For several decades a brutal army of rebels has been raiding villages in northern Uganda, kidnapping children and turning them into soldiers or wives of commanders. More than 30,000 children have been abducted over the last twenty years and forced to commit unspeakable crimes.
Grace Akallo was one of these. Her story, which is the story of many Ugandan children, recounts her terrifying experience. This unforgettable book--with historical background and insights from Faith McDonnell, one of the clearest voices in the church today calling for freedom and justice--will inspire readers around the world to take notice, pray, and work to end this tragedy.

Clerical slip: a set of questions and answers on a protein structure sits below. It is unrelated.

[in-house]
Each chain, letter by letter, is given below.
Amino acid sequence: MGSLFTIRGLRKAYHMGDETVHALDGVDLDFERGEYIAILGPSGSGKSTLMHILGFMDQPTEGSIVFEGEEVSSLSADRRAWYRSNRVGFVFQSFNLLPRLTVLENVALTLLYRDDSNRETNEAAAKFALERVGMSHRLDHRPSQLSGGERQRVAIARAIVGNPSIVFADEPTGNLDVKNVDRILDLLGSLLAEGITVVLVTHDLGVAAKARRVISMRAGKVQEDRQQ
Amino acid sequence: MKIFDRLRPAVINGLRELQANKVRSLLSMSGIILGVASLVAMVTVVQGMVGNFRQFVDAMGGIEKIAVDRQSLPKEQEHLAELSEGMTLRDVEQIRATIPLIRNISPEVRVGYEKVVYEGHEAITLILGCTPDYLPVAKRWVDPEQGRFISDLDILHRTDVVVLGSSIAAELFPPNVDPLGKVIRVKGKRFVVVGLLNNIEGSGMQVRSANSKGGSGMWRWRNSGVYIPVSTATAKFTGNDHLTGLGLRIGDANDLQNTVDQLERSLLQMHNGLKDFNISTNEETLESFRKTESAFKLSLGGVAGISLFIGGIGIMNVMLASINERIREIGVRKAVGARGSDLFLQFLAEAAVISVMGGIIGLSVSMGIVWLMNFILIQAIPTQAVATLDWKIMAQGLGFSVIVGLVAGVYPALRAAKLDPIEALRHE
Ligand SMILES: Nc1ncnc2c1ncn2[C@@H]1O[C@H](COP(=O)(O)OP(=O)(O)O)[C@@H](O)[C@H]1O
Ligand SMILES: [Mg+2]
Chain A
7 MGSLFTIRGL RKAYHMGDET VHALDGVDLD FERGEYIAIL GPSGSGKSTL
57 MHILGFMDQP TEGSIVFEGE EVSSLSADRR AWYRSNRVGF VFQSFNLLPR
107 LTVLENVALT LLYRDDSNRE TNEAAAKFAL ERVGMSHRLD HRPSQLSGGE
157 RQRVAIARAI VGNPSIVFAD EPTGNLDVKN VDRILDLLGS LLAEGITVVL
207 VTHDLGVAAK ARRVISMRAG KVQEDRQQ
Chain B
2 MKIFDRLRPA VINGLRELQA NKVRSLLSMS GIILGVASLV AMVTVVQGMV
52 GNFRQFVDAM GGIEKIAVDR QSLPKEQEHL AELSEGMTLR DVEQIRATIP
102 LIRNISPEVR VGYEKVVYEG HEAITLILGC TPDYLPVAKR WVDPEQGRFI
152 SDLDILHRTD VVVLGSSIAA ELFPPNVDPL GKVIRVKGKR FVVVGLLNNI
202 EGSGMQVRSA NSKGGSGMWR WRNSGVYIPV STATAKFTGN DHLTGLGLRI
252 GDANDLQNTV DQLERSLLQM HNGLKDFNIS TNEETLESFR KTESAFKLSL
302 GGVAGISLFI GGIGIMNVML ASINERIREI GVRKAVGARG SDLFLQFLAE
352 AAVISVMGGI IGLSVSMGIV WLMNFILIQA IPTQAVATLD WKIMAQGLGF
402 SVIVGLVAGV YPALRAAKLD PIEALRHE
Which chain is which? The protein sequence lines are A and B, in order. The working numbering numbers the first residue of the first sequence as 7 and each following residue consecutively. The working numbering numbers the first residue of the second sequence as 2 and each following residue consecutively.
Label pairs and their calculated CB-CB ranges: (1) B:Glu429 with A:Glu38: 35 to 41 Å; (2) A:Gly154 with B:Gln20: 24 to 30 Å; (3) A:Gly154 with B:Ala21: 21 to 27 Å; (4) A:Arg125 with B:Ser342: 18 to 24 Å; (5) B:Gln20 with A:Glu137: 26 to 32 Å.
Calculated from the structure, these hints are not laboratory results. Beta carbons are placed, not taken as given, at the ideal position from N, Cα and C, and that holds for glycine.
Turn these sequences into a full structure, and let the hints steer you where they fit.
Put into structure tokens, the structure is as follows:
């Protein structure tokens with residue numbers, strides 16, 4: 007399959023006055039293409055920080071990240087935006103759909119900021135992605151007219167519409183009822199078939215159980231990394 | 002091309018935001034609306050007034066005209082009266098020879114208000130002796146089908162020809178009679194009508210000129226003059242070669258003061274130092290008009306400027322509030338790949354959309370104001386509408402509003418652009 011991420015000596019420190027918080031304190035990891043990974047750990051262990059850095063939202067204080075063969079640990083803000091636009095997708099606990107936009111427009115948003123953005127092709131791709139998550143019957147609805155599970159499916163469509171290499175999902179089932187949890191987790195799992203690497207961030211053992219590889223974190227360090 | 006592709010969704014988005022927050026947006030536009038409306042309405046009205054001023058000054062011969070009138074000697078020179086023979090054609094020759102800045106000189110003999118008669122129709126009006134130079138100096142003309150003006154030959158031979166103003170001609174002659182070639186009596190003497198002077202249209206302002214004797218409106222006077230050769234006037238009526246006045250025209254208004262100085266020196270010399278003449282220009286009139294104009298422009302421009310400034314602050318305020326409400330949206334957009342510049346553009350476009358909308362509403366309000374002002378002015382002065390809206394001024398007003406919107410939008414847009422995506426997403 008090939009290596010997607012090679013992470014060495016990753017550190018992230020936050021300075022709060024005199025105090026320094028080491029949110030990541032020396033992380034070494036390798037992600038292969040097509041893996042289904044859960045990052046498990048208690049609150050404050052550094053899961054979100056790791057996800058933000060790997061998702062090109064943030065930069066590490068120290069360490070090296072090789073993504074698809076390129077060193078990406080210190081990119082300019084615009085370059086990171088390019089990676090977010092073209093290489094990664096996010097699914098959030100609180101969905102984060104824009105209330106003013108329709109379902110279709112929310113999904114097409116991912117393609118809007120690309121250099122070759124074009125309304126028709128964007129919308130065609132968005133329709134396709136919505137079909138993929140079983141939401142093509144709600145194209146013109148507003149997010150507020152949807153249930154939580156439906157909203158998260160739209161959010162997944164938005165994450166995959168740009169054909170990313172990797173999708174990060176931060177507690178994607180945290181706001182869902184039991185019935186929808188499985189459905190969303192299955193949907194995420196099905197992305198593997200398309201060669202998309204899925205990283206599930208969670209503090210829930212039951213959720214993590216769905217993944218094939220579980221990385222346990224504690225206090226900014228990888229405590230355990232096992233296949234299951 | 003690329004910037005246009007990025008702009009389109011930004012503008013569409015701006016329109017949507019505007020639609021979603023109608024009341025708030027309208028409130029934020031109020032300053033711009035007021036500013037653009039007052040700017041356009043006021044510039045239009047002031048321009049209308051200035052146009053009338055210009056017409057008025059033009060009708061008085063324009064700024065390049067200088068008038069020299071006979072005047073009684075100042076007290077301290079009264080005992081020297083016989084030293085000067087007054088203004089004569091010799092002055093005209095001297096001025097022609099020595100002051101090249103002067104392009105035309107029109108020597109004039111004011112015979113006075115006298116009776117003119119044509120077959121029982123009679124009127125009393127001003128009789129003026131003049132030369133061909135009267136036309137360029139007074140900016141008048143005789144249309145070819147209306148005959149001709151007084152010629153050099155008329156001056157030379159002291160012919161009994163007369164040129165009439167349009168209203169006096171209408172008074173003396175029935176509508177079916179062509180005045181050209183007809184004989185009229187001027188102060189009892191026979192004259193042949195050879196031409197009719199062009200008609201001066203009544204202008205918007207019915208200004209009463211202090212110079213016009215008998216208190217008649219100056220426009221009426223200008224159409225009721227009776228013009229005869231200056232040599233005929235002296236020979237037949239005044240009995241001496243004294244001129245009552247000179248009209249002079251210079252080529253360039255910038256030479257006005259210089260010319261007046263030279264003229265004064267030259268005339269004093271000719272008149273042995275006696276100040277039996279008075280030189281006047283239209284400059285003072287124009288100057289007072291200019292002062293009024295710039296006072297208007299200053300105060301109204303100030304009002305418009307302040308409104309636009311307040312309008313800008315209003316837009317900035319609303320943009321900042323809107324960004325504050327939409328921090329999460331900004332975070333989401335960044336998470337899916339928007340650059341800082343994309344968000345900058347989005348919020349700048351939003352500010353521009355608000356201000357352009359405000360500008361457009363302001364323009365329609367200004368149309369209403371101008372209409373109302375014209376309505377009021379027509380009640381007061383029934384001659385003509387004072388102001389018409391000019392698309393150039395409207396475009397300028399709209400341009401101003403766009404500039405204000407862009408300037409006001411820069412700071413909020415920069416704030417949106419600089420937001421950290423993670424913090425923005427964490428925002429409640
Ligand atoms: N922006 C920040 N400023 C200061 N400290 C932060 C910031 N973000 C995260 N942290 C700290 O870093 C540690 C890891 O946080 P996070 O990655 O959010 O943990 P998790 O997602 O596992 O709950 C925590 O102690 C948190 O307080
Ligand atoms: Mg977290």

In northern Uganda, thousands of children have been kidnapped by rebel armies and pressed into murderous service. Here, Akallo, who was herself kidnapped by the Lords Resistance Army at age 15, offers a disturbing, deeply personal account of being forced to march with the rebel army, fight, and raid villages for food and water. Akallo is joined by co-author McDonnell, who works for the Institute on Religion and Democracy. In between Akallos gripping autobiographical passages, McDonnell interweaves informative chapters recounting the history of strife in Uganda, and explaining the political-religious vision of Joseph Kony, head of the LRA. McConnell includes snippets from a Human Rights Watch report about abducted children, who were forced, among other things, to kill other children. The authors believe that God is protecting the children of Uganda, sometimes working miraculous intervention to protect thembut they also spotlight activist groups, such as the Uganda Conflict Action Network, who are doing their part to make a difference in the lives of child soldiers. Readers are urged to pray for the end of war in Uganda, to join protest rallies, and to design awareness-raising bulletin boards in their churches. The alternating narrative voices create a disjointed reading experience, but otherwise this is a moving, informative and brave book.